Overdue pregnancy

At what point is my pregnancy considered to be overdue?

Due dates, whether calculated from the first day of the last menstrual period or from measurements taken via ultrasound, are only estimates of when delivery may occur. The most accurate way to determine your due date is from an early ultrasound any time after seven weeks gestation. Many women deliver their babies before their due date just as many women will carry their pregnancy beyond their due date. Just as there are people a little shorter or a little taller than average, there are pregnancies that are a little more or a little less than 40 weeks. A pregnancy that had gone more than 10 days beyond the due date is called ‘post-dates’.

Why do some pregnancies go overdue?

Usually there is no obvious reason why a woman will carry her baby beyond 40 weeks. Sometimes there is a miscalculation in the estimated due date.

Why is my health care provider concerned that I am overdue?

Usually an overdue baby is born healthy. Overdue babies do have some risks. They are more likely to gasp and take meconium (the baby’s first bowel movement) into their lungs, which can make it difficult for the baby to breathe. Also, although it is very rare, there is an increased risk that an overdue baby will be stillborn. There are also increased risks to the mother with pregnancies that go beyond 42 weeks.

What are my options if I go overdue?

Together with your health care provider, you will decide how to approach your post-date pregnancy. You may decide to wait for labour to begin naturally with or without enhanced testing to ensure the baby is still healthy. Your health care provider will likely recommend daily kick counts and may suggest non-stress tests (checking the baby’s heart rate) twice weekly, or that you have your amniotic fluid volume assessed by ultrasound. Or you may decide to have your labour induced.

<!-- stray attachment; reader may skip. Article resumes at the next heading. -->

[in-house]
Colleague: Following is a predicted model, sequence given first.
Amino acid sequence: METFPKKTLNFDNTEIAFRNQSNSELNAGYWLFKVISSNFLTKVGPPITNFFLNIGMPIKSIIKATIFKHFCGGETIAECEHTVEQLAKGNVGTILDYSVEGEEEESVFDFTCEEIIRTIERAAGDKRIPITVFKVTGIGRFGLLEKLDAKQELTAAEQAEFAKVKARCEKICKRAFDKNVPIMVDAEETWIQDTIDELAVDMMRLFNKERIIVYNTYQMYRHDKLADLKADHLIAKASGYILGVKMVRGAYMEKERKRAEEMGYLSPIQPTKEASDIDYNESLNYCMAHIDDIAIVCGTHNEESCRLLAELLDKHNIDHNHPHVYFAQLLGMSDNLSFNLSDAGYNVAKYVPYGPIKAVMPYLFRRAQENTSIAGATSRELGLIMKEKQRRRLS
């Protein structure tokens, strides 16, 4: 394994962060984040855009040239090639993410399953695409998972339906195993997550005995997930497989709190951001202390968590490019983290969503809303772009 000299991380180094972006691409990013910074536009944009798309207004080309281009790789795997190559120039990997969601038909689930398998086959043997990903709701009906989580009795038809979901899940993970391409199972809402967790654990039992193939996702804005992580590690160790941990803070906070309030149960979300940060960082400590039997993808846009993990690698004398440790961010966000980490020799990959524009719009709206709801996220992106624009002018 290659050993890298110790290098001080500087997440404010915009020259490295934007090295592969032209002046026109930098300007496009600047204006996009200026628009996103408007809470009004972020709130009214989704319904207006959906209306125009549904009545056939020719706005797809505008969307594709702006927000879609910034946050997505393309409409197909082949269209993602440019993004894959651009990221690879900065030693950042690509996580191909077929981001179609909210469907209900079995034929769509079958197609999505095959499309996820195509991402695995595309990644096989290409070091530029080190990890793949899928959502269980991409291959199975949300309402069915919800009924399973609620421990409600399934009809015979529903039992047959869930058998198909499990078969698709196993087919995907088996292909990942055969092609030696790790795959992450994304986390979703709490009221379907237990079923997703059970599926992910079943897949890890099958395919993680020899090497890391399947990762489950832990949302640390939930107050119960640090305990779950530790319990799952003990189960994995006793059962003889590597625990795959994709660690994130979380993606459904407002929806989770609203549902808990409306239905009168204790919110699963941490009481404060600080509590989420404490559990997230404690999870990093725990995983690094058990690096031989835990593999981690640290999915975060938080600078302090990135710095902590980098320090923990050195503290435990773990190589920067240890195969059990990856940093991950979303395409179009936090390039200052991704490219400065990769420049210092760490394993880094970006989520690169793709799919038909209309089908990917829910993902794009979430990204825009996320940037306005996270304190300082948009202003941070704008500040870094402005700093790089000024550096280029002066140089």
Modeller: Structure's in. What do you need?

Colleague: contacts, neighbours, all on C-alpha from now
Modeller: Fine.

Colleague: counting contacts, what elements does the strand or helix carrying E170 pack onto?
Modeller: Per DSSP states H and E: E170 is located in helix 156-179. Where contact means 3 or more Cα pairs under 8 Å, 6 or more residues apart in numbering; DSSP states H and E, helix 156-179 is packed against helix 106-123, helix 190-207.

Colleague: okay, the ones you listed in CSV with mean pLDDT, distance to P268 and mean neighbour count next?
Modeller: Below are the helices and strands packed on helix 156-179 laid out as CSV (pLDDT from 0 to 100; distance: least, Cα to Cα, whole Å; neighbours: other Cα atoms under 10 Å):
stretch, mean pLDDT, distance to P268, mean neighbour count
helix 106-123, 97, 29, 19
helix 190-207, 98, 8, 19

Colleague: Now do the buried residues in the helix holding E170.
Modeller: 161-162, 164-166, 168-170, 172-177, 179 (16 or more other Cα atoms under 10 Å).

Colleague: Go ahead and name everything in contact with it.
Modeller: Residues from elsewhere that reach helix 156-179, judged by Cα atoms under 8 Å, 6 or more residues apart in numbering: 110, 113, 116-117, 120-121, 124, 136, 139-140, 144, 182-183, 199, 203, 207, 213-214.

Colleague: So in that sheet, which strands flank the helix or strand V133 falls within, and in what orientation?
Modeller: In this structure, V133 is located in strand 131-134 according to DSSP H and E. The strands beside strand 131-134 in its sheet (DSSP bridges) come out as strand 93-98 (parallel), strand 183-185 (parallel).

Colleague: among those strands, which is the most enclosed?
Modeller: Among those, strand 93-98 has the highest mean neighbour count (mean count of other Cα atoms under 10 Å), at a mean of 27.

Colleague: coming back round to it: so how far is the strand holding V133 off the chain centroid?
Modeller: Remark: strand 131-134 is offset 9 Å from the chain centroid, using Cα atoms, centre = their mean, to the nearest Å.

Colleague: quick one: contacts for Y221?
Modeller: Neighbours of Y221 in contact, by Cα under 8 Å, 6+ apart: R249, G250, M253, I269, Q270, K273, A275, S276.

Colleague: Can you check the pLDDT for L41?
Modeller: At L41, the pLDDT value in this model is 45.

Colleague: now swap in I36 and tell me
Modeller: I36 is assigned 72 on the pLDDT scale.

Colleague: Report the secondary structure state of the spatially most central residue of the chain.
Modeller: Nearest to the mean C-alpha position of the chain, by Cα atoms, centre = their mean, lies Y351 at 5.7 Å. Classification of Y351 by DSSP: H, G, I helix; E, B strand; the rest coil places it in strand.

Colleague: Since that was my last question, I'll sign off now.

What can I do to help get labour going?

You may have heard that having sex can help labour start – some studies have shown this may help, and some have shown no effect.

Your care provider may try to make your cervix more ready for labour or actually induce labour through a number of methods including:

  • Membrane sweeping. The physician or midwife will use a finger to separate your membranes from the cervix.
  • Balloon devices. Inserting a balloon catheter into your cervix and inflating it with water. This is left in place until it falls out or 24 hours have passed.
  • Prostaglandin gel. This gel is inserted in your vagina and is a cervical ripening agent
  • Misoprostol. This drug can be taken orally and can help labour start.
  • Rupturing your membranes. Your care provider will break your water. This makes the baby rest on your cervix and causes labour to begin. You will usually also be given oxytocin.
  • Oxytocin. This drug, which is normally present in your body, is given intravenously in small doses and causes your uterus to contract.